Day by Night

Dear J-

figgy has been watching folks play Minecraft on YouTube (the current object of her obsession is a fellow who calls himself Stampy Longnose, which may be an obsession she shares with other kids in the school, as we parents come together and commiserate about how the computer is tied up) and having what I’d term an angry attitude about stopping. The sass infuriates me so yesterday instead of pushing her away from the computer I turned it completely off instead, which set off a long tantrum of shoving, pinching, slamming and crying. Yeah, she’s seven. She’s also my daughter, which bears some explanation, I suppose.

I might have remarked in the past on how she is me, wrapped up in a little girl suit, which makes a kind of strange sense if you think about it: same inflated sense of confidence (which persists to this day, so be wary!), good sense of direction (hey, you missed your turn), explosive, conspirative temperament (nothing will ever be the same, you don’t understand). It’s that last that I ended up having to conquer over long hours of self-imposed service: hey, if you don’t like kids to play with your stuff, you should encourage them to play with your stuff so that you can get over it; similarly, learn to be more patient and accepting already, wouldja? These are skills to be led by example, and demonstrated competence, which I didn’t show when I turned off that computer in frustration.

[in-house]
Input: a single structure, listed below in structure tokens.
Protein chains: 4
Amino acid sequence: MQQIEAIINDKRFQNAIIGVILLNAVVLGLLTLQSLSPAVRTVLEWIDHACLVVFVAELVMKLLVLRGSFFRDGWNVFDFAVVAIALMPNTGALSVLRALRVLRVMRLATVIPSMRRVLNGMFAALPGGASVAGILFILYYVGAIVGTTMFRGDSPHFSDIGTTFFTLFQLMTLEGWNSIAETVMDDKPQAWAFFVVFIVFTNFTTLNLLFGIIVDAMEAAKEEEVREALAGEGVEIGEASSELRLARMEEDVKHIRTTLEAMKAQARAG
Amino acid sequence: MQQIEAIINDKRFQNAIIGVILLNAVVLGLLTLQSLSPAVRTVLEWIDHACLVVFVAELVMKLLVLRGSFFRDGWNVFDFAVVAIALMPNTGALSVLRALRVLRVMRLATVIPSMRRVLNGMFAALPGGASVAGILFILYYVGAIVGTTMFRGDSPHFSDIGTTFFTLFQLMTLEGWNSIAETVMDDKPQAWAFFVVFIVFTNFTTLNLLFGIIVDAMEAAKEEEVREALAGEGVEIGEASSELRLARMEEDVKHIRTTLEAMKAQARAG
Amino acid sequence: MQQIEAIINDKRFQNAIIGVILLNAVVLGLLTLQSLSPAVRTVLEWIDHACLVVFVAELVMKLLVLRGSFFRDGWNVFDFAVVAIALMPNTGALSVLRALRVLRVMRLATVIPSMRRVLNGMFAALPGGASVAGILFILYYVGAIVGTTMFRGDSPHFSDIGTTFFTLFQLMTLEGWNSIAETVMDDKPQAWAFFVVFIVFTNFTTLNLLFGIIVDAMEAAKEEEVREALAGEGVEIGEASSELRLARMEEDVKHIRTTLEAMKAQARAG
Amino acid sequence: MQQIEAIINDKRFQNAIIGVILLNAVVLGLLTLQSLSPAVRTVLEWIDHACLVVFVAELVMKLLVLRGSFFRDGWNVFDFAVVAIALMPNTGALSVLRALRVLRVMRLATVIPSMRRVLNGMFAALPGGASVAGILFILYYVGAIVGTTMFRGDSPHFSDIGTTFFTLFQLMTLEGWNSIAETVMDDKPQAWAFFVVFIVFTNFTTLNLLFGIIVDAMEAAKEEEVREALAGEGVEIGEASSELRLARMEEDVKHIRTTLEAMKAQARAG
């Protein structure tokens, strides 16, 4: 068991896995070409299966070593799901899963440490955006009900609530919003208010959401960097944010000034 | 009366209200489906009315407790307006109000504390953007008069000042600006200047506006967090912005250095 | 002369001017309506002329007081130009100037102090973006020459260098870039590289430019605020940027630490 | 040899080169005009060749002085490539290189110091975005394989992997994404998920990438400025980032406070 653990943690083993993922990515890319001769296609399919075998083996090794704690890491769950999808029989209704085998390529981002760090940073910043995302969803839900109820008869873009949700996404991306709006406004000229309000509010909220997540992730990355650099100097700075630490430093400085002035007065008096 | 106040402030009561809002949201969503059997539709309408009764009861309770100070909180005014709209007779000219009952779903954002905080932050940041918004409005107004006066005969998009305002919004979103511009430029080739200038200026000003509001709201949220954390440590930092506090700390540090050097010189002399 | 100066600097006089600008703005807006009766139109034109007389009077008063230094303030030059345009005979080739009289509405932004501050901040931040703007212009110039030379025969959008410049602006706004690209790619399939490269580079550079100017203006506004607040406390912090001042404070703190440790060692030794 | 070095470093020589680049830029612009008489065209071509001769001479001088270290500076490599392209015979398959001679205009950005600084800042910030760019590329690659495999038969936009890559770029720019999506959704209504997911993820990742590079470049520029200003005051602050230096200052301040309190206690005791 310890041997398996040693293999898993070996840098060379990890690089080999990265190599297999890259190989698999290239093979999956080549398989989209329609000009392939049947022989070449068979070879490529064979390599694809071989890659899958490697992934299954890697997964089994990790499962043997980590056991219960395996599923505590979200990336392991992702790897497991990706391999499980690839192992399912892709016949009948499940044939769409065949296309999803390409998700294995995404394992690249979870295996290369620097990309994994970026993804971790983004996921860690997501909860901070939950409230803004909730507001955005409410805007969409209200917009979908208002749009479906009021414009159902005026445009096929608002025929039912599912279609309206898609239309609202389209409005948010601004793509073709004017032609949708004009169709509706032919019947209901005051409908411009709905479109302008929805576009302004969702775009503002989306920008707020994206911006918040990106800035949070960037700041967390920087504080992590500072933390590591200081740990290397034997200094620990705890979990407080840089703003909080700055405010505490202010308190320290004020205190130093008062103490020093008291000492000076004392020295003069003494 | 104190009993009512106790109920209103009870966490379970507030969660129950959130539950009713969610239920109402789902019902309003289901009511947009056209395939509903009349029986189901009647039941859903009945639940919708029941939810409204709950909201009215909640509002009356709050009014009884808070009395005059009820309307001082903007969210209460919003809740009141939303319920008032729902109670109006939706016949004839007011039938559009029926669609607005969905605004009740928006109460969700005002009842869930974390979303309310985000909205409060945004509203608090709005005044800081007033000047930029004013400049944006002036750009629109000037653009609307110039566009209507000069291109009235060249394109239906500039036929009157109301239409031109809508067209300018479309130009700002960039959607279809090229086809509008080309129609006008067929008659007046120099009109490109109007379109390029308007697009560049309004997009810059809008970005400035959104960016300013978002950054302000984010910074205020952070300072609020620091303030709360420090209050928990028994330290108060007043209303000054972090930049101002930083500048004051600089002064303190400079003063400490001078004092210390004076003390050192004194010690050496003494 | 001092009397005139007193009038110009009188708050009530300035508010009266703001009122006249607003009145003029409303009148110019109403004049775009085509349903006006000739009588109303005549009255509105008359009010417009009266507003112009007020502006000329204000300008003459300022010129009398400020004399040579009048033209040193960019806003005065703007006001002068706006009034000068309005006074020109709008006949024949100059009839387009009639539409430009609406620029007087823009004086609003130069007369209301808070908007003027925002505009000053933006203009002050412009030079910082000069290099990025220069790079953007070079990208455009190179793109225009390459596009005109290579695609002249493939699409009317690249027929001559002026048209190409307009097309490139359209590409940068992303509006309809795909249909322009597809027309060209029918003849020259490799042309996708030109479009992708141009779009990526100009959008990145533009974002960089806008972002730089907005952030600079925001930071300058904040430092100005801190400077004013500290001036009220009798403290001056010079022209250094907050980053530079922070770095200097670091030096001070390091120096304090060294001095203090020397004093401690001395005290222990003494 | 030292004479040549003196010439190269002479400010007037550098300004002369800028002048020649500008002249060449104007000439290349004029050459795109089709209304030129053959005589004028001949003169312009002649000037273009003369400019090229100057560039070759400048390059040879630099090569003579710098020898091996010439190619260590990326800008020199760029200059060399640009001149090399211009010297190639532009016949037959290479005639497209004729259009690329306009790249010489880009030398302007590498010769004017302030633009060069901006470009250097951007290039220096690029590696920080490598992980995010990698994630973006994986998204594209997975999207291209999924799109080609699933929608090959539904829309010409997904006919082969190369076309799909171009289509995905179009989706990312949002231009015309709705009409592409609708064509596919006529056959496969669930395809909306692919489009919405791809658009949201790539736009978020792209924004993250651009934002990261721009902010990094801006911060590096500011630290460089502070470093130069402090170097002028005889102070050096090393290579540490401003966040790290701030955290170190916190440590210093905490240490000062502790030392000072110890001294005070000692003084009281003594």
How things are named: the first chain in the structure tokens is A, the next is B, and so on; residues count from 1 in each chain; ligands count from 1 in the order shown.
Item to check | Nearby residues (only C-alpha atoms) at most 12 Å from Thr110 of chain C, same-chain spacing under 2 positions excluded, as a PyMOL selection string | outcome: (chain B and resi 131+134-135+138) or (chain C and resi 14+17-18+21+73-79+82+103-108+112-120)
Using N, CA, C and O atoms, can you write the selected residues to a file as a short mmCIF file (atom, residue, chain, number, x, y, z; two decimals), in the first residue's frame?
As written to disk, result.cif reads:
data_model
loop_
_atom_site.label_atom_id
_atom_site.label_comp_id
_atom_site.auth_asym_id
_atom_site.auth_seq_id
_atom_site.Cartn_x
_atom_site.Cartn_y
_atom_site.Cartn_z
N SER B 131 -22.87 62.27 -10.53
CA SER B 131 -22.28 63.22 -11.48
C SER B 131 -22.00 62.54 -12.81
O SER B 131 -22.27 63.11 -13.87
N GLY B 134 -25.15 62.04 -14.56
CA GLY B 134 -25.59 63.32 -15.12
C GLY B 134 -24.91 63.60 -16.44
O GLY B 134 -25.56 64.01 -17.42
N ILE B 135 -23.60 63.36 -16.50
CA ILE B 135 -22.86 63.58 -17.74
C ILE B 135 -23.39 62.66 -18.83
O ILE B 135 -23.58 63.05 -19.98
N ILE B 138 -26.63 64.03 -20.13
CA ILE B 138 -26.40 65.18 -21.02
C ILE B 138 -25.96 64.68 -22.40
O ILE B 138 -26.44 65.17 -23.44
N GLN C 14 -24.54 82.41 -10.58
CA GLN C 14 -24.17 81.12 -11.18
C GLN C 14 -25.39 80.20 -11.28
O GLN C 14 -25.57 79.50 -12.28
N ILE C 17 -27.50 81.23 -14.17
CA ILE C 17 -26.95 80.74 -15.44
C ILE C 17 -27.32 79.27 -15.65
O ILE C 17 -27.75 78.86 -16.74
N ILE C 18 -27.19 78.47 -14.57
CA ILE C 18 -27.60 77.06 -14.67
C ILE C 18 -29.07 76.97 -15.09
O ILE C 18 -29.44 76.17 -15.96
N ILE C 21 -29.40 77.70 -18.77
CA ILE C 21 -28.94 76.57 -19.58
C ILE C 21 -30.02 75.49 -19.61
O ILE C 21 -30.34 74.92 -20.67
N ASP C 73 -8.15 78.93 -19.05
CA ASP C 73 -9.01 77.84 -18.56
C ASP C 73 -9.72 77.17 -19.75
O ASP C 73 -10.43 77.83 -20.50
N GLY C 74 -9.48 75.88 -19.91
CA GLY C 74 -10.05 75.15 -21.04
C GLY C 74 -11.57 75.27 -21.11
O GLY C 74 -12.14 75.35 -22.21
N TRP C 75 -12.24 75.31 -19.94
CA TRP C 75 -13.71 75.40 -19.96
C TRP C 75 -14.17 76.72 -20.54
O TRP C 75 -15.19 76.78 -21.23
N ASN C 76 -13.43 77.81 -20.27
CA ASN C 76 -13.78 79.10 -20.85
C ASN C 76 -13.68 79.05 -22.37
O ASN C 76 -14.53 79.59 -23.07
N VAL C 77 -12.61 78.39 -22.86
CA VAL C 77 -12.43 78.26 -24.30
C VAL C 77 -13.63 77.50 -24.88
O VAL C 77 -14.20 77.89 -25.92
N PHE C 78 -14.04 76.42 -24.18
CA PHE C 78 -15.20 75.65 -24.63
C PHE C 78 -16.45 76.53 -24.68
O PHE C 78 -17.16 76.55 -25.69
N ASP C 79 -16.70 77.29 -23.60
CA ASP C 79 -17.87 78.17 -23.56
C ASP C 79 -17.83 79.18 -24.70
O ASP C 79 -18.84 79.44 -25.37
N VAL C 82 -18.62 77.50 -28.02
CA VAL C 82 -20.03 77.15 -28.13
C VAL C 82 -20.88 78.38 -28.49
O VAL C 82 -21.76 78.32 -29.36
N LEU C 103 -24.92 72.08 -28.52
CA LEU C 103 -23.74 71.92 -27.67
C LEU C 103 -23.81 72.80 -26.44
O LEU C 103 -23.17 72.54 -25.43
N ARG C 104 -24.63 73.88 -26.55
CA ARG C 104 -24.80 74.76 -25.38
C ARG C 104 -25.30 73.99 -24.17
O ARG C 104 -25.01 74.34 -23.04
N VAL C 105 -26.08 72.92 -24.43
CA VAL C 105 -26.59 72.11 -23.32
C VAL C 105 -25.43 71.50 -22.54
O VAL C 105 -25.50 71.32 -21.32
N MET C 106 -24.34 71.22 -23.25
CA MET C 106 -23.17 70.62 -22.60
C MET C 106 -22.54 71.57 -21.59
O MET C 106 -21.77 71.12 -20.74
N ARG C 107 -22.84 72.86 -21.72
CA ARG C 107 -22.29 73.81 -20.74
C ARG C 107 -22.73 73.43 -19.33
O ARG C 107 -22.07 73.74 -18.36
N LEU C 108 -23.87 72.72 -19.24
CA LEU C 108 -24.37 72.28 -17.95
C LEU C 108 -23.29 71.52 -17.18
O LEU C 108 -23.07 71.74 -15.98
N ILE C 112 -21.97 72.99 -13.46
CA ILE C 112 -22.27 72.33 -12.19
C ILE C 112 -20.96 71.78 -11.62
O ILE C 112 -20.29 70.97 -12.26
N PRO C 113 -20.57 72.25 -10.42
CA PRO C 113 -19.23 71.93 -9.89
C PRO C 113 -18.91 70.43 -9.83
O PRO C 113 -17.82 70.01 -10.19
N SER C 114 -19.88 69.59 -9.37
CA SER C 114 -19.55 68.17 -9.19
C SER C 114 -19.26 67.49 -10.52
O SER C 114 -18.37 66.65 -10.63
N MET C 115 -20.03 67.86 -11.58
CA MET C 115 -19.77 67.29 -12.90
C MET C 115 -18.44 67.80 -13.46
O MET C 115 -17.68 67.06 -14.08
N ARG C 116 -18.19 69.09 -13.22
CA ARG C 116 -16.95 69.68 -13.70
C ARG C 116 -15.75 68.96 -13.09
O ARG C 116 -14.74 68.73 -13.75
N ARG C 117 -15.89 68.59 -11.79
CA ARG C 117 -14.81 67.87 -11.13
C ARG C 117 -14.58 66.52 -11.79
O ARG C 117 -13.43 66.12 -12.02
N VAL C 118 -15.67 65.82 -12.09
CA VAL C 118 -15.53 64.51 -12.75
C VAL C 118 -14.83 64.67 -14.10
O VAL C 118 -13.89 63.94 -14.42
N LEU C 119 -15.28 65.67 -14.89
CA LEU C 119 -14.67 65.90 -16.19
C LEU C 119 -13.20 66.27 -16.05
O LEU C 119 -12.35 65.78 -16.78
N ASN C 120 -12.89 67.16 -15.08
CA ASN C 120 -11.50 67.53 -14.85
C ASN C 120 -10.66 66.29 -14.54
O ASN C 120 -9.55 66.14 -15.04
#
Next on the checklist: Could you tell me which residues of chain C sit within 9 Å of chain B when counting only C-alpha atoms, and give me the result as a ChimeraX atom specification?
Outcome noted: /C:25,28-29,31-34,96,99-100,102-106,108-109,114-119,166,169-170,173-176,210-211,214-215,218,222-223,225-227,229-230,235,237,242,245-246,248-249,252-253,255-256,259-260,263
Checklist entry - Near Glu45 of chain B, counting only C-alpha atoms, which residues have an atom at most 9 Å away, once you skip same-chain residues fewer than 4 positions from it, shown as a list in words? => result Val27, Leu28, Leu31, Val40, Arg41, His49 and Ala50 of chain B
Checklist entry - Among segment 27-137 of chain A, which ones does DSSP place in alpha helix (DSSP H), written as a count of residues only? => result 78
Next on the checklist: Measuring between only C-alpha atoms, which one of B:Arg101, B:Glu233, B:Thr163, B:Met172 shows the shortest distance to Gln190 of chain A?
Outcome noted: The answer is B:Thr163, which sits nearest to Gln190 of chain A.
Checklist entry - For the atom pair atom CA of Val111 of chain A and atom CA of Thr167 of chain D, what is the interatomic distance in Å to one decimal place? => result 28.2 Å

There is a difference between action and reaction, after all. There is a significant chasm; mind the gap, that’s what I’m saying. I know it can be hard, which is why I have to remember where I was thirty years ago and project that forward in turn, to extend the same patient courtesies that helped me develop into this now. She will learn to control her temper before it masters her, as I did before her, as my parents must have done before me. The ebb and flow of anger is not always rational, but we are smarter than it, and we can get by. It was after the storm had passed yesterday — the forced cheeriness — that I finally realized what mirrors we create, how our reflections in these small people writ large echo who we were. It’s another chance.



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